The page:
Before it was transformed into a park, the site was a massive mound of rubble and landfill that had accumulated over centuries. It was one of the world’s oldest dumps, having been used for this purpose for almost 500 years.
8. Take a Day Trip to Memphis and Saqqara
Just a short drive from Cairo, the ancient capital of Memphis, and the Saqqara necropolis provide a fascinating insight into Egypt’s ancient history. Memphis was once a thriving metropolis and remains an open-air museum with statues, sphinxes, and architectural ruins.
Saqqara, home to the famous Step Pyramid of Djoser, was the burial ground for Memphis. It’s a vast and complex site, demonstrating the evolution of pyramid construction.
Beneath the pyramid, a labyrinth of tunnels and rooms was carved into the rock, including a central burial chamber for the pharaoh. This underground structure is quite complex and includes storerooms that hold offerings and the king’s possessions for his afterlife.
9. Attend a Performance at the Cairo Opera House
The Cairo Opera House on Gezira Island is Cairo’s leading performing arts venue. It hosts a variety of performances, including ballet, opera, symphonies, and traditional music. The modern design of the building inaugurated in 1988, contrasts with the city’s older architecture, and its world-class performances offer a cultural night out in the city.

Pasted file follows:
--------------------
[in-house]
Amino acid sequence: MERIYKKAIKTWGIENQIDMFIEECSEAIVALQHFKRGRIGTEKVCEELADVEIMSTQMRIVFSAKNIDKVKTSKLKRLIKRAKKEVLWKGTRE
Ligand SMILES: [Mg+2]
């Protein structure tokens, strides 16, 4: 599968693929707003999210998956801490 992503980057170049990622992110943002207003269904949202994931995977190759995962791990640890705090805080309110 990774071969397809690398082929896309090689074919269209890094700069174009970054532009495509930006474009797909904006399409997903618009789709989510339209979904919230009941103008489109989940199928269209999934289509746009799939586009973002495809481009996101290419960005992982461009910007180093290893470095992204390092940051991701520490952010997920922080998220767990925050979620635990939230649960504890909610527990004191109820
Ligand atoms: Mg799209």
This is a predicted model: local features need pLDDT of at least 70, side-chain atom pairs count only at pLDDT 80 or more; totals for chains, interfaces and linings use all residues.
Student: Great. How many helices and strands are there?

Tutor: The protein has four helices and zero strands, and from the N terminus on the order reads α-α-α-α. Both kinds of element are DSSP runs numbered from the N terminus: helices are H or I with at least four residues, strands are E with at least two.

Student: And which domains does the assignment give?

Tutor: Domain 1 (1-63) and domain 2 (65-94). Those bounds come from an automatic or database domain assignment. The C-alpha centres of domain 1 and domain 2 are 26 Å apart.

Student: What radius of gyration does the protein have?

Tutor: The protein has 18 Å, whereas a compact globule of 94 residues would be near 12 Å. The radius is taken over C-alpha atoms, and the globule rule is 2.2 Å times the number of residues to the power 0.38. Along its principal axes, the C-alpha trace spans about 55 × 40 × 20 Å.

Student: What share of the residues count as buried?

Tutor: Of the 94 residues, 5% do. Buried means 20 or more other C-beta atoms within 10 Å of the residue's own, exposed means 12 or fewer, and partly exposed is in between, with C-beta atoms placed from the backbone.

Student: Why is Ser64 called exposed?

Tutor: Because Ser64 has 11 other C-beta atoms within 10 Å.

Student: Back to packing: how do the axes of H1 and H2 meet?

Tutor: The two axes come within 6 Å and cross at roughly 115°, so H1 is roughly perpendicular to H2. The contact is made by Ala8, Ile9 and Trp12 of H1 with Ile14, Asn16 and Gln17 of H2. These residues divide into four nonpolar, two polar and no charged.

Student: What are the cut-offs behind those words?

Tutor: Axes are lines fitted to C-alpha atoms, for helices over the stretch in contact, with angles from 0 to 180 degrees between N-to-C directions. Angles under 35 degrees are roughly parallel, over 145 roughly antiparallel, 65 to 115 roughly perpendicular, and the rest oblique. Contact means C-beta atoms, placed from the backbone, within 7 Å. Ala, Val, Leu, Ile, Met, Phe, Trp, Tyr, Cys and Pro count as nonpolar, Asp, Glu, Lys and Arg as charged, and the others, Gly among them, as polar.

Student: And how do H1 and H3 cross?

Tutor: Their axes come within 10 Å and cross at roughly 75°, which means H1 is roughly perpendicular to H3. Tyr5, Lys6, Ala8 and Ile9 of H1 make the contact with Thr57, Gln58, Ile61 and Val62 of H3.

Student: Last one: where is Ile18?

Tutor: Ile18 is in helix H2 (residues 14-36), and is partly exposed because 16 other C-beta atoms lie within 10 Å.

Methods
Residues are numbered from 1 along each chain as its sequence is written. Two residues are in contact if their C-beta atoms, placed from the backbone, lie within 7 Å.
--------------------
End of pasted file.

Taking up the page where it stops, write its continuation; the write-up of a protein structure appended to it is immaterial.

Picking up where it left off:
The Cairo Opera House also has a role in arts education and training. It’s associated with the Talent Development Centre, which offers classes in music and ballet.
Over the years, the Cairo Opera House has hosted performances by many notable figures in music and dance, including famous conductors, instrumentalists, singers, and dance troupes.
10. Mosque-Madrasa of Sultan Hassan
The Mosque-Madrasa of Sultan Hassan was built during the life of Sultan Hassan bin Mohammad bin Qalawun, who reigned from 1347 to 1361 during the Mamluk Dynasty. Construction began in 1356 and was completed in 1363, although Sultan Hassan didn’t live to see the monument’s completion.